In the fluid-filled elastic mount of the present invention constructed as described above, the drive rod is connected at one end thereof directly to the rotary valve such that the point of connection is offset by a suitable distance from the axis of rotation of the rotary valve in the radial direction, so that the linear movement of the drive rod is converted into the rotary movement of the rotary valve. Therefore, the motion converting mechanism employed in the present elastic mount does not require or include an exclusive link member and associated components for converting the linear or reciprocating movement of the drive rod into the rotary movement of the rotary valve. Accordingly, the number of components of the motion converting mechanism is significantly reduced, and the mechanism is considerably simplified in construction.

Further, the drive rod extends through the cutout formed in the rotary valve. In this arrangement, the cutout which serves as part of the rotary valve for selective fluid communication of the orifice passage or passages with the equilibrium chamber also serves as a space for accommodating the drive rod and permitting the movement of the drive rod. Accordingly, the required distance between the rotary valve and the outer end of the drive rod outside the elastic mount is minimized, and the elastic mount is simplified and small-sized requiring a reduced space for installation.

According to one preferred form of this invention, there are provided three orifice passages, namely, a first orifice passage tuned to damp low-frequency vibrations, a second orifice passage tuned to damp medium-frequency vibrations whose frequencies are higher than those of the low-frequency vibrations, and a third orifice passage tuned to damp high-frequency vibrations whose frequencies are higher than those of the medium-frequency vibrations. In the third orifice passage, there is disposed a flow restrictor member which is displaceable so as to permit a predetermined amount of flow of the non-compressible fluid in the third orifice passage. In the present form of the invention, the second and third orifice passages are open on the sliding surface of the valve hole, so that the second and third orifice passages are selectively brought into communication with the equilibrium chamber through the cutout of the rotary valve when the rotary valve is operated between two operating positions thereof. The present fluid-filled elastic mount having the three orifice passages is comparatively simple in construction and small-sized.

The drive rod may be connected at the other of the opposite ends thereof to an output shaft of a linear actuator operated by selective application of reduced pressure such that the rotary valve is placed in one of the two operating positions when the reduced pressure is applied to the linear actuator.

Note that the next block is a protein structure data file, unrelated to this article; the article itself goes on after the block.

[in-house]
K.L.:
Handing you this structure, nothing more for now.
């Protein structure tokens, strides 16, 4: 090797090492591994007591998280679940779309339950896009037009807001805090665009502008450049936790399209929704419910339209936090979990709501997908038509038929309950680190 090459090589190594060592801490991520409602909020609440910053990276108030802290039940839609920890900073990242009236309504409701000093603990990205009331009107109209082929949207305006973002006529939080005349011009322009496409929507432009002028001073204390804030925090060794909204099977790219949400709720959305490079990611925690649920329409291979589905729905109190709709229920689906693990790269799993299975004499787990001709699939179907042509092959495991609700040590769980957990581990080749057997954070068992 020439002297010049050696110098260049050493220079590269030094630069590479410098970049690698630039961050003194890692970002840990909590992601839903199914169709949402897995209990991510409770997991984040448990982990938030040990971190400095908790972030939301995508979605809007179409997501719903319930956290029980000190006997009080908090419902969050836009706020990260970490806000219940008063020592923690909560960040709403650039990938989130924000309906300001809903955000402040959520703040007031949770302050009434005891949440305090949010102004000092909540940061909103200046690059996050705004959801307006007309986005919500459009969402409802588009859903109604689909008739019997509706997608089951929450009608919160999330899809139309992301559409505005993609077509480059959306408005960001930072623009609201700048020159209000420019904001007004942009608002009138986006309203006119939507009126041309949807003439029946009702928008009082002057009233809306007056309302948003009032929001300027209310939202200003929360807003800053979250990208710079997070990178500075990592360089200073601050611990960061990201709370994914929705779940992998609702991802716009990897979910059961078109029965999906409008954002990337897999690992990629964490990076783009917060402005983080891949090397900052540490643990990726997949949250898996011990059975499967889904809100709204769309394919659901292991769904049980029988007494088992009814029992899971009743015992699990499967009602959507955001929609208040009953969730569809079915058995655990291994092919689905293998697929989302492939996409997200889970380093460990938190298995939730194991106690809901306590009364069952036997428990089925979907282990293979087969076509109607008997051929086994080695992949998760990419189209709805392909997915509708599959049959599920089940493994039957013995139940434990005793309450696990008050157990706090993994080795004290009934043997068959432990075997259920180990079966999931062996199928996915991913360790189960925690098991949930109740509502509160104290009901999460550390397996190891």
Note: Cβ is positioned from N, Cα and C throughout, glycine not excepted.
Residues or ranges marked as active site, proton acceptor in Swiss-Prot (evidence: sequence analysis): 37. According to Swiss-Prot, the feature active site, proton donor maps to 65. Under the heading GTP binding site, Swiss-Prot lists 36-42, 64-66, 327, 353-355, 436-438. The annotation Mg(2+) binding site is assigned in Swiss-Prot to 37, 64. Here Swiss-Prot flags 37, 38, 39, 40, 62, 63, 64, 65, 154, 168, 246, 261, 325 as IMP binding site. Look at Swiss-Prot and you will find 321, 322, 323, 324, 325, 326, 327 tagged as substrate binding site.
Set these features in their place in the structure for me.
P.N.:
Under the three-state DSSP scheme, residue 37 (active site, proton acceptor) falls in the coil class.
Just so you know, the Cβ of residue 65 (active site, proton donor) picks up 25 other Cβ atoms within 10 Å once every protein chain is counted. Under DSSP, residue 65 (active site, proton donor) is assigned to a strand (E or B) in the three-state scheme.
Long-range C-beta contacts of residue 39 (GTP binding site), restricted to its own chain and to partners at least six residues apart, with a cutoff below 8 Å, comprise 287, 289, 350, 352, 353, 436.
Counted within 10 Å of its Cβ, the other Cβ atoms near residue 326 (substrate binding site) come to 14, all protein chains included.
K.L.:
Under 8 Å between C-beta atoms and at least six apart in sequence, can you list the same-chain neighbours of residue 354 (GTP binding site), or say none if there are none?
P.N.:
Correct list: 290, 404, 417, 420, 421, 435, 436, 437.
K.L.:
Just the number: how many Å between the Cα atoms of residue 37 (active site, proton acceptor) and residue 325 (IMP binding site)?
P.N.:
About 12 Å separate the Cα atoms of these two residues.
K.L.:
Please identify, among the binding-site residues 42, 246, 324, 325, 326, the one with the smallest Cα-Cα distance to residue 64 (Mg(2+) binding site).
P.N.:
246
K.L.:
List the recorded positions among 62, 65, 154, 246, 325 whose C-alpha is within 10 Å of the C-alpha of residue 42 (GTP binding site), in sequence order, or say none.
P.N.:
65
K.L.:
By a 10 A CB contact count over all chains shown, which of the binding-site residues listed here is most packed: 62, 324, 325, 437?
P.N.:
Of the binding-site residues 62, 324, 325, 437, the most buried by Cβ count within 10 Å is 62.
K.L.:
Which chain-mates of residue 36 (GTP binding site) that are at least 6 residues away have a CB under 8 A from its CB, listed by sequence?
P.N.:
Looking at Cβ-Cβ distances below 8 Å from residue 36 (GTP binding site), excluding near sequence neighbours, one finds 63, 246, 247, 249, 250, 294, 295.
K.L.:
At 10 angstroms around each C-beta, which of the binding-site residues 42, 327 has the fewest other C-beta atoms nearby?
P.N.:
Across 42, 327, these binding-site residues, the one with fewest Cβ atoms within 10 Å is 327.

According to another preferred form of this invention, the rotary valve comprises: a pair of cylindrical bearing portions rotatable about the axis in sliding contact with the sliding surface of the valve hole in the partition member; and a drive portion fixedly provided on one of the cylindrical bearings or on the valve portion. The valve portion extends in an axial direction of the rotary valve and connecting the pair of cylindrical bearing portions. The valve portion consists of an arcuate portion corresponding to a predetermined portion of an entire circumference of the rotary valve, while the cutout corresponds to a rest of the entire circumference of the rotary valve. The arcuate portion is rotatable about the axis in sliding contact with the sliding surface so that the orifice passage or passages is/are selectively brought into communication with the equilibrium chamber through the cutout. The drive portion is rotatable about the axis with the cylindrical bearing portions and the valve portion. The rotary valve constructed as described above is compact in construction and small-sized, leading to reduced weight of the elastic mount. Further, the present rotary valve assures high operating stability owing to the simple construction.

The drive portion may consist of a drive disc formed integrally with the valve portion. The drive disc includes first engaging means such as a pivot pin located at the position offset from the axis of the rotary valve. 0n the other hand, the drive rod includes second engaging means such as a hole provided at the inner end. The second engaging means engages the first engaging means for pivotal connection of the drive rod to the drive disc for rotating the rotary valve.

BRIEF DESCRIPTION OF THE DRAWINGS